kabila elections fraudAlthough the presidential elections in the Democratic Republic of Congo (DRC) have been widely contested, incumbent President Joseph Kabila was sworn in on Tuesday after he claimed to have won the Nov. 28 election in this sub-Saharan African nation. His main opposition candidate, 79-year-old Etienne Tshisekedi, the leader of the Union for Democracy and Social Progress (UDPS), will also be sworn in as president at a mass rally by the people in Kinshasa this week.

One election—two very different outcomes.

Although the election has been criticized by international observers, Kabila has promised to unify the country. Yet the army deployed tanks in the streets of Kinshasa prior to Kabila’s swearing-in ceremony out of fear of mass protests.

Kabila went ahead with his speech anyway, telling those gathered he was president of all Congolese and promising to create more jobs in the next five years, according to the Associated Press (AP).  “I want to reassure here all those whom I did not persuade to vote for me. I invite them to believe in my determination to truly be the guarantor of the Congolese nation in all its diversity,” he said.

Despite Kabila’s reassurances, organizations including the International Crisis Group, Enough and the Open Society Foundations urged the government to delay the inauguration, since the vote was “marred by widespread irregularities.”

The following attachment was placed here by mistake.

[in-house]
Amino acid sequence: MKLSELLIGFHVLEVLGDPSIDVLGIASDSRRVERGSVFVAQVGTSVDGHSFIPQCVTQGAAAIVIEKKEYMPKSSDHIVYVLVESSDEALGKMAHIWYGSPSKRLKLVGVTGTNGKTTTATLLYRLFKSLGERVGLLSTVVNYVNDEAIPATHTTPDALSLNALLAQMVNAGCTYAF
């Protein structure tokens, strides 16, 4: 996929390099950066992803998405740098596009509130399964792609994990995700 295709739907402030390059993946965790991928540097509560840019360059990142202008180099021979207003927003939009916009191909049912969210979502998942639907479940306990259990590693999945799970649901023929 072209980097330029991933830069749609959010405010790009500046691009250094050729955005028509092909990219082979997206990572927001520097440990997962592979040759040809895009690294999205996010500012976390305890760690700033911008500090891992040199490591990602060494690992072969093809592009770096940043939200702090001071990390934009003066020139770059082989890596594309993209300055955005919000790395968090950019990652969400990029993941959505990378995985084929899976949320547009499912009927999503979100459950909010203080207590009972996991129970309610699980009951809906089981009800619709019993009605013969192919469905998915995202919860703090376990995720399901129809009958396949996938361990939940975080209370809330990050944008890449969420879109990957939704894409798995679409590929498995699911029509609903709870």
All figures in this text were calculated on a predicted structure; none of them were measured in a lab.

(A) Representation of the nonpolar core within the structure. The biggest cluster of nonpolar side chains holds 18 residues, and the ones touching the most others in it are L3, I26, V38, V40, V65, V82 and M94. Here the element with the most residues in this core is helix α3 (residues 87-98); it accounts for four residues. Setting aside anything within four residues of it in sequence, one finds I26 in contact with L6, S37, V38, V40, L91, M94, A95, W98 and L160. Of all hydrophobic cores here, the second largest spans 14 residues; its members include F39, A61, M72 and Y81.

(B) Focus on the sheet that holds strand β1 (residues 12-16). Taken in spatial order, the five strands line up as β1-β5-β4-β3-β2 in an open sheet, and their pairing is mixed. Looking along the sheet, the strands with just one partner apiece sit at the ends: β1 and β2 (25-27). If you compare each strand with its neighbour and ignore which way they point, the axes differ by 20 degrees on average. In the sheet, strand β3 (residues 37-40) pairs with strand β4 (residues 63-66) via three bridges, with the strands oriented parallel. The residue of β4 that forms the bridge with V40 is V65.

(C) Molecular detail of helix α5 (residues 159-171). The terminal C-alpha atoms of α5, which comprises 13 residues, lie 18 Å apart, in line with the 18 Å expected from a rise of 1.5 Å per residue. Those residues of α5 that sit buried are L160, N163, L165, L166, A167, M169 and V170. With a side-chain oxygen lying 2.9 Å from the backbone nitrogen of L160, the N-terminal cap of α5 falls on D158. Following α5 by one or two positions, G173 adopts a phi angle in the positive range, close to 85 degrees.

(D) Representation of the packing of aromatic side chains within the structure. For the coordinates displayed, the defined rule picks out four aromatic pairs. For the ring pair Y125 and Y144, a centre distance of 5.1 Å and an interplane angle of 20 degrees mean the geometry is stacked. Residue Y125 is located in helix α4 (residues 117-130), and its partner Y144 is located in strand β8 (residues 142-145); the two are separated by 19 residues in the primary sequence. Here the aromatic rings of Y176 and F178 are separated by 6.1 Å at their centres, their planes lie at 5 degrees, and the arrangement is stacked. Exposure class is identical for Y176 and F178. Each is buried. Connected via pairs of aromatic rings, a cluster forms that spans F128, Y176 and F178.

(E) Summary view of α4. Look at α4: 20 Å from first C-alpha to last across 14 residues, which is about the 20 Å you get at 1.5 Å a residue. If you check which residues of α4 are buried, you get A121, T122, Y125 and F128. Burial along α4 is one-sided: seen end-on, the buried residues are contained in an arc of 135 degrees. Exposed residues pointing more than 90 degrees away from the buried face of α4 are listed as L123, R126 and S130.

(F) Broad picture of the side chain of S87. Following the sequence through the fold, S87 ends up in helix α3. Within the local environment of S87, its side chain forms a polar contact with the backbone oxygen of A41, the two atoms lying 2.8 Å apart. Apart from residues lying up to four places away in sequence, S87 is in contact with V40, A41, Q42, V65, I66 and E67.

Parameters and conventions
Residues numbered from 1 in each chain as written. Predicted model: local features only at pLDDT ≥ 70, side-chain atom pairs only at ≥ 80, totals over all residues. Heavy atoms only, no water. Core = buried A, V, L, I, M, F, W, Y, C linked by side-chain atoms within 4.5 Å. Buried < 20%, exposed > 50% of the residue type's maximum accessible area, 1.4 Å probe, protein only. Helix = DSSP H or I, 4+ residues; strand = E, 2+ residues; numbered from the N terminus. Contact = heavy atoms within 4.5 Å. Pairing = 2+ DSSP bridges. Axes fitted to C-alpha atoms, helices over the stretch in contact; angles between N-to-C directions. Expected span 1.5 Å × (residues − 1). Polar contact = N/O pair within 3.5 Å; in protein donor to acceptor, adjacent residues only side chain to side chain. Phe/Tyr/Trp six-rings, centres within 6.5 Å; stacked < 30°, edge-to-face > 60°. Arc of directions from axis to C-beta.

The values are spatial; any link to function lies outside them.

The election results showed Kabila with 49% of the vote and Tshisekedi with 32% of the almost 19 million votes that were cast.

On Dec.14, U.S. State Department spokeswoman Victoria Nuland said that, based on observations by the teams fielded by the U.S. Embassy in Kinshasa, “we believe that the management and technical execution of these elections were seriously flawed, lacked transparency and did not measure up to the democratic gains we have seen in recent African elections. It is not clear, however, whether the irregularities were sufficient to change the outcome of the election.” Those views were shared by other diplomatic missions and organizations such as The Carter Center.

Nuland encouraged the Congolese authorities to closely review the irregularities and proceed with “maximum openness and transparency,” and for all Congolese political leaders and their supporters to “act responsibly, renounce violence, and resolve any disagreements through peaceful constructive dialogue and existing legal remedies.”


(Photo © Finbarr O'Reilly/ Reuters)